This summer, Harvard University came under fire when it was reported that they were altering their admissions to favor certain minority students. The whole case started when a group of Asian-American students who had been rejected from Harvard filed a lawsuit stating that they were being penalized for high performance, while the preference for admissions was going to other minority groups. A Princeton study said those who identify as Asian or Asian-American on average had to score 140 points higher on the SAT than white students in order to be accepted. According to the study, those who identify as Asian have to work twice as hard to earn a seat at Harvard.
Intentional race-based admissions have always been a controversial issue, especially for top Ivy League schools like Harvard. For so many applicants the goal is to be different, and to stand out in a crowd of 8,000 or more, but sometimes that is weakened when one of the main priorities of the university is to diversify a class. Harvard prides itself on taking a holistic approach when it comes to their admissions process, saying they look at academics, extracurriculars, athletic performance, as well as personal and overall quality of a student before they admit them. Although this is true, there are legacies and donors who may have a higher chance of being admitted.
Maya Rayle, a freshman at Harvard this year, believes this case is just a way to remove affirmative action from college admissions, and not necessarily help Asians out. “By pinning Asian students against one another, this case becomes objectively brilliant. Those who have opposed affirmative action can now use this as a way to show the flaws in the system.” Maya believes that the Asian students who filed the lawsuit have a fair point to be made. “They were not accepted, and the sad truth is there are many stereotypes placed on Asians, so they do have to work twice as hard, and while it is not right to punish them, I do believe that diversity is important in a classroom setting, and if that means letting some people go for the benefit of the class, that should be a priority.”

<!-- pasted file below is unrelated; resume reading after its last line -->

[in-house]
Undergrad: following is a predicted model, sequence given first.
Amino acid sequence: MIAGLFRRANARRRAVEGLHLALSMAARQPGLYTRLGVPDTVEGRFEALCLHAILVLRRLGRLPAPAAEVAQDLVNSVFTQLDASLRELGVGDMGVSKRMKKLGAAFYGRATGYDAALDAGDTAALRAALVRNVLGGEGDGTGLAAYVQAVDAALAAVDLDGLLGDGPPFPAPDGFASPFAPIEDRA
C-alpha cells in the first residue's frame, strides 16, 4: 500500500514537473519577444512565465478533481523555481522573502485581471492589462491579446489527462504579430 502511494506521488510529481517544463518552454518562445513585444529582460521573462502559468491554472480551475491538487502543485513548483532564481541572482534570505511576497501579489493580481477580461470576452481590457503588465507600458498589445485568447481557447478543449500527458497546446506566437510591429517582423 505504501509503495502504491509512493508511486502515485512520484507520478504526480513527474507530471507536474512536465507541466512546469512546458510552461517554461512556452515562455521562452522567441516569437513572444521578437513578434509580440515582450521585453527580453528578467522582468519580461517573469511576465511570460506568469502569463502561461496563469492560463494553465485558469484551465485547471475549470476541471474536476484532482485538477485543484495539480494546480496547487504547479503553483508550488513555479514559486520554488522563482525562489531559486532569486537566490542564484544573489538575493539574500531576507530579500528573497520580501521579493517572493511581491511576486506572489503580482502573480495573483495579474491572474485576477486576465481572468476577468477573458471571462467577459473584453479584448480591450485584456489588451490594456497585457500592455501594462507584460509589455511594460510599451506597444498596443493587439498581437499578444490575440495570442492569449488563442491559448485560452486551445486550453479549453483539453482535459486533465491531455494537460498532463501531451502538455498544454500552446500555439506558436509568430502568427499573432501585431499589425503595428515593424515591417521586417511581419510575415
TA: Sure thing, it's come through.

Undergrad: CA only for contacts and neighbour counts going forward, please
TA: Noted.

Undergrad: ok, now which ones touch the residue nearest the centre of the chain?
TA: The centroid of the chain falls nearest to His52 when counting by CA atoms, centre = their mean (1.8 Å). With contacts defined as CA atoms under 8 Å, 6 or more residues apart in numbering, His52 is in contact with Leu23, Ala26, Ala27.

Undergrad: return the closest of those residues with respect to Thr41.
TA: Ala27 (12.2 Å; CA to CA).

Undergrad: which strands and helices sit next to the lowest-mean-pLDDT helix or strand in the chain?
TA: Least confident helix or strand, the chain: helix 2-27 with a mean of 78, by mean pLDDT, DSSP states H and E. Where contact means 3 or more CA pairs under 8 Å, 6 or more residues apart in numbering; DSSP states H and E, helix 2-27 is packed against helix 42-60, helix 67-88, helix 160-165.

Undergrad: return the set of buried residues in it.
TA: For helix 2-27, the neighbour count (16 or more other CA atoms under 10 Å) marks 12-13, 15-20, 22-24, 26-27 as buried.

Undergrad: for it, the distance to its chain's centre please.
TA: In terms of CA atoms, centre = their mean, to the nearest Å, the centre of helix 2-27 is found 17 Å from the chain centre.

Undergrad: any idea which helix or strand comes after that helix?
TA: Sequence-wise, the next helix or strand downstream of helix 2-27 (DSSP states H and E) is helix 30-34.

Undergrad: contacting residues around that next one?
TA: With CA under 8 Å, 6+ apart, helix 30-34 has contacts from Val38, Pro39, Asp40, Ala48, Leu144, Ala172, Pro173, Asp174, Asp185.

Diversity in a classroom setting is important no matter what, which is why Harvard and many other colleges and universities try to use a holistic approach. The problem, some believe, is that many applicants are complaining that not only does affirmative action kick out some of those who could be accepted, but it also limits the amount of applicants even reviewed. Janet Stevenson, a Harvard alum, a law professor and the current Dean of Diversity and Inclusion at Lewis and Clark, spoke on her approach to holistic admissions. “When I look at applicants, I look for what they are gonna bring me, and what they will bring to this school that is different and unique.” She too believes that diversity in a classroom is highly important for students to fulfill a quality education, “While I do believe that affirmative action is important, the way it is used in the admission process, like at the Ivy Leagues, is not ok. At this point places like the Ivies are filling invisible quotas to look better for themselves and not taking the time to see everyone as a whole individual, which is just giving the whole cycle a bad reputation.” Stevenson explains how holistic approaches shouldn’t just be about race and ethnicity but about a student as a whole and what they are going to offer to a college. She did mention that there are students who are legacies that feel that they are entitled to a seat. “You are never entitled to a seat. Just because your parents have gone to that college, it doesn’t automatically get you in. If we want to fix the flaws in affirmative action, we have to start by getting rid of those who believe that they have been entitled a seat.” Stevenson believes that looking at someone’s race when admitting a student into any school is never a smart idea, for the student or the college, but that by looking at the uniqueness of the applicants, colleges should be able to diversify their class in multiple ways.
Harvard has a trial scheduled for some time in October, but in the meantime the admissions processes of all Ivy League schools are going to be questioned. This case could have severe implications for colleges and universities that use race in parts of their admissions process.